• I would stick out like a sore thumb, being one of the few people without a southern accent; people would see me as a "yankee." Also, the southern accent irritates me. Perhaps this is something I would get used to, though.
  • I am a very health conscious person who regularly exercises and refuses to consume alcohol or soda. I don't eat beef or pork, and am extremely picky when it comes to eating foods. I try to stay away from fatty, greasy or high sodium foods as much as possible. My fear is that MS is a major fast food state with minimal healthy eating options or restaurants, and that others may think I'm ridiculous for refusing to eat their unhealthy, fatty southern food.
So are my thoughts accurate? Based on the above, please let me know whether you think I would be better off in MS or not. Feel free to bring up other points I may have overlooked.

Thanks!
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Old 07-17-2010, 04:29 PM
 
1,100 posts, read 2,592,214 times
Reputation: 1037
Based on your description, I would recommend the following:

- Coastal towns: Ocean Springs, Pass Christian, Bay St. Louis, Waveland
- Natchez

These are all low key, charming, and places where someone from anywhere could easily blend into.

Natchez has more antebellum homes than any town in America and is perched 200 foot above the Mississippi River. The downtown is very laid back, historic, and quiet actually - and surrounding countryside beautiful (hills, ravines, forests). Depending on your type of employment, this is not an area that is strong economically. Your best chance employment wise is if you have some kind of specialty, such as teaching or in the medical field. Socially it's considered a quiet, mini-New Orleans, i.e. not a traditional socially conservative religious town.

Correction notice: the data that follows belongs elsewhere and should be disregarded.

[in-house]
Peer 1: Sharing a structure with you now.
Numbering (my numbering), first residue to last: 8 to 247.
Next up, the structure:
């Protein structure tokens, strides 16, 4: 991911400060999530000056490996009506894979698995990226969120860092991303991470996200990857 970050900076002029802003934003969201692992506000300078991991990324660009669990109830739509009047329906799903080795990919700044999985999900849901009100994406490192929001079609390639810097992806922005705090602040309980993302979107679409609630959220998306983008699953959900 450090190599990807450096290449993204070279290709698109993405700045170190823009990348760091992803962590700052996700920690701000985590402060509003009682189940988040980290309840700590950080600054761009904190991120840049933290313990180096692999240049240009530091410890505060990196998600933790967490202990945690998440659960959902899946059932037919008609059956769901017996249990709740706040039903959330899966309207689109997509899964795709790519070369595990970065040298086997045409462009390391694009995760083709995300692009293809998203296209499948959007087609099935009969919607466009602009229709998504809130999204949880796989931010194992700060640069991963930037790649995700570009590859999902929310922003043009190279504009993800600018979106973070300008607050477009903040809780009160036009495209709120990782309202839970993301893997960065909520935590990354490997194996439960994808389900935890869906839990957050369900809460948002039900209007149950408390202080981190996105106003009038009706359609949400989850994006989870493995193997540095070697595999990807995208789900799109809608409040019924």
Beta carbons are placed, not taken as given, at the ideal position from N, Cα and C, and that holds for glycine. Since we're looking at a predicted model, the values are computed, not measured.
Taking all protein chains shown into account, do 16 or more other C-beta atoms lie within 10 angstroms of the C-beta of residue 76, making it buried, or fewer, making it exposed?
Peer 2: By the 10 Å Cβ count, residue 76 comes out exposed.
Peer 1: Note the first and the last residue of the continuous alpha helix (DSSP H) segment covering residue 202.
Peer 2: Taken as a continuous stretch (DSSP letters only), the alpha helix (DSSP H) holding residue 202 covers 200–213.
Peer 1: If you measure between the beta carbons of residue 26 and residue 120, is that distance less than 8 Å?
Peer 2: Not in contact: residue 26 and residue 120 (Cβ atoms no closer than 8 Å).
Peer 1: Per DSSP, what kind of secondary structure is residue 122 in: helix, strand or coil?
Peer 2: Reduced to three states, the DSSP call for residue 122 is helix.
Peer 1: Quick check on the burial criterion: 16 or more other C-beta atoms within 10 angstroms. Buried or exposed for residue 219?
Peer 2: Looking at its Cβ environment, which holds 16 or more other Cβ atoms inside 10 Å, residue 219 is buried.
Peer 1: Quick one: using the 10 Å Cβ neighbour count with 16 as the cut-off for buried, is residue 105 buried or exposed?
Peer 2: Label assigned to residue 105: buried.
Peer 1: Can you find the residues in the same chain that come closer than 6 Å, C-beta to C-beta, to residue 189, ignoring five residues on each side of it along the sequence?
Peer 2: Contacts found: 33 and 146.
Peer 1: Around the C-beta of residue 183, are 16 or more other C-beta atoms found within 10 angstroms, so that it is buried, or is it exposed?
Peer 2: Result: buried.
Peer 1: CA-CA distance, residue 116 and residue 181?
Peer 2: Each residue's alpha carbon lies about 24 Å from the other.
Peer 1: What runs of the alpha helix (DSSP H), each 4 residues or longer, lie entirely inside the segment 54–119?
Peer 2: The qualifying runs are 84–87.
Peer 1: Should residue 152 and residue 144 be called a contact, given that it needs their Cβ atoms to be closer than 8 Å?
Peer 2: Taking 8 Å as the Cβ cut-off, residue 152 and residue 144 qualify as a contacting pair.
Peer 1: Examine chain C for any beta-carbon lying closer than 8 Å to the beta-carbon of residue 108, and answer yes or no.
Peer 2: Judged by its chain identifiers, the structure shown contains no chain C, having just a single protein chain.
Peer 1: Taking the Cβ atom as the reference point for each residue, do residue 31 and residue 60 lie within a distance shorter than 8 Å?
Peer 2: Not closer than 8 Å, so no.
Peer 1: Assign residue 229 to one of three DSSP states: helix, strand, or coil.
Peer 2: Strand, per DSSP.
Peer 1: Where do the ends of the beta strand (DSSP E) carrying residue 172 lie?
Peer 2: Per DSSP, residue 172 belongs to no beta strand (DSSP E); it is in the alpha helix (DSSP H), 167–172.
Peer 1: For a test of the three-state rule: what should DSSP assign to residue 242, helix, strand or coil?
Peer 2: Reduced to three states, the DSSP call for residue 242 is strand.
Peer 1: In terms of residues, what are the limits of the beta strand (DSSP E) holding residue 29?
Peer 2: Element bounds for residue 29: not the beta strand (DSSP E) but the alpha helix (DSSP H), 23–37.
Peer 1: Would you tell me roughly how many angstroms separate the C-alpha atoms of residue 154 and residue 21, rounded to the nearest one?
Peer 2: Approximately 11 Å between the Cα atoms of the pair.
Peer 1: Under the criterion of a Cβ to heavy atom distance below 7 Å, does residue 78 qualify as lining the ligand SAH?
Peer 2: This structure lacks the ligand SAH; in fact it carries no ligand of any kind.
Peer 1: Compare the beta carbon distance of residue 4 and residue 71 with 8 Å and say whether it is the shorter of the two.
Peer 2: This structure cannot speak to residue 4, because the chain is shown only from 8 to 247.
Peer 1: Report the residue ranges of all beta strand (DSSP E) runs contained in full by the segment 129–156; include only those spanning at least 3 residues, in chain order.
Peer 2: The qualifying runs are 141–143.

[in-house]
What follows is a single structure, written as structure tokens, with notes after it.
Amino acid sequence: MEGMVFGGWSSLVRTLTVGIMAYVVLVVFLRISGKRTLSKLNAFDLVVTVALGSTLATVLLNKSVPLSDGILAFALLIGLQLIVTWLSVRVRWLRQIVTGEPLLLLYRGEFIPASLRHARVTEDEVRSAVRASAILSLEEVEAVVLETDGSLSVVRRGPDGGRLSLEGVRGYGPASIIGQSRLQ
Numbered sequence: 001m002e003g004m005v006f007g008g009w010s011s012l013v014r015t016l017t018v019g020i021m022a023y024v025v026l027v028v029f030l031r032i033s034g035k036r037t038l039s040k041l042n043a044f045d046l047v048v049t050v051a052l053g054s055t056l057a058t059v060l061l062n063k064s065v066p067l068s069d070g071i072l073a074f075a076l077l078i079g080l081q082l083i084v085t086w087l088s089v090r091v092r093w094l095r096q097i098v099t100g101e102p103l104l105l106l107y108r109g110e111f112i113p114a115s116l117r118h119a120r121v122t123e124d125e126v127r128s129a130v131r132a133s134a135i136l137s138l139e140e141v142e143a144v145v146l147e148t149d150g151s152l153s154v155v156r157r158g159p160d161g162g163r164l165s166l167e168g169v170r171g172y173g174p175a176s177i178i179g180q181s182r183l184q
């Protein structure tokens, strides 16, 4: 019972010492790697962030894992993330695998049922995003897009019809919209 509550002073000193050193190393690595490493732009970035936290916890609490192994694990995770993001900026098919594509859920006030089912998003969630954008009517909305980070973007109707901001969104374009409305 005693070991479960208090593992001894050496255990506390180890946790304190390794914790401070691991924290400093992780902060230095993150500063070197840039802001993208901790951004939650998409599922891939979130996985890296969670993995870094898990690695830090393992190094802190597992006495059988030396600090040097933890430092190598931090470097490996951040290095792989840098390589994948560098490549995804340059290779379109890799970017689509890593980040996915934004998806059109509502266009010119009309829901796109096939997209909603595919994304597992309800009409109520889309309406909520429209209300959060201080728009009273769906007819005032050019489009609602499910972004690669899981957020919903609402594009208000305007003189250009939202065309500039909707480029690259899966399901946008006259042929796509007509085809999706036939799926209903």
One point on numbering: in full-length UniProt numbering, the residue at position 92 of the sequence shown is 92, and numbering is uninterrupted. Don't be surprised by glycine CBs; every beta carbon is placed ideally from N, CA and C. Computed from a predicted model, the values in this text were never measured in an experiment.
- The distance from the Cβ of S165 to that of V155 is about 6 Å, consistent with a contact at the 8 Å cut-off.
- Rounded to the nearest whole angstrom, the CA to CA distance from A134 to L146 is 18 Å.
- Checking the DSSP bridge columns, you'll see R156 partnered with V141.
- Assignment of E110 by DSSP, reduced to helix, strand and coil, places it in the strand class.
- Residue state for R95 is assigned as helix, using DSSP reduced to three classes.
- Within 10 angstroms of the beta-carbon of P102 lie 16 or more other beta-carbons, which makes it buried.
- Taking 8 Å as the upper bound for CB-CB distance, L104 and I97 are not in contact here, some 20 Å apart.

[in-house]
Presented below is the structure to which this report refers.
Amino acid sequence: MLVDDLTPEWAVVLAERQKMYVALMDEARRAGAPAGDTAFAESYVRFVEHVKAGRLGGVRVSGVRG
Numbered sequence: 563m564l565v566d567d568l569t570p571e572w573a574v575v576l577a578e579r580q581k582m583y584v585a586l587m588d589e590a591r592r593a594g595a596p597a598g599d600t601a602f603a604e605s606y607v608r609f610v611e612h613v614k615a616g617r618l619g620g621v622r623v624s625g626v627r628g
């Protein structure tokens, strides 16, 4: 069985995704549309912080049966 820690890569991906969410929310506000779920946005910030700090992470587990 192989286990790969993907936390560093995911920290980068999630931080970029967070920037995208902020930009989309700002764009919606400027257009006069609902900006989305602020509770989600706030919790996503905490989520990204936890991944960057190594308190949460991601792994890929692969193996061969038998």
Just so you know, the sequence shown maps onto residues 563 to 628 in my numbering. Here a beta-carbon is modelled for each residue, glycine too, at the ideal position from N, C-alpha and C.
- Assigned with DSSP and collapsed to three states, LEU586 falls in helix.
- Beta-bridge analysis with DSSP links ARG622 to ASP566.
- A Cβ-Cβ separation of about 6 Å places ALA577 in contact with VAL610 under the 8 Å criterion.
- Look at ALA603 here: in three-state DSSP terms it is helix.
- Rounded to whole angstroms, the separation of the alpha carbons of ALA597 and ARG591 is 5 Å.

The Coast has the reputation of being socially diverse, egalitarian, and libertarian. Like Natchez, the Coast culture is somewhat of a cousin to New Orleans culture, just quieter and more laid back. There are people from all over the country. The major employers range from military, to casinos and tourism, to shipbuilding and fishing, to NASA. This is a much more populated area than Natchez, but traffic is very minimal. And the main population center is the two cities of Gulfport and Biloxi. The towns I listed above are quiet, picturesque, and sit on the outskirts in either direction from Biloxi-Gulfport.

Weather-wise, all of Mississippi fits your description more or less with winter high temperatures typically in the 50s and almost 60 on the Coast.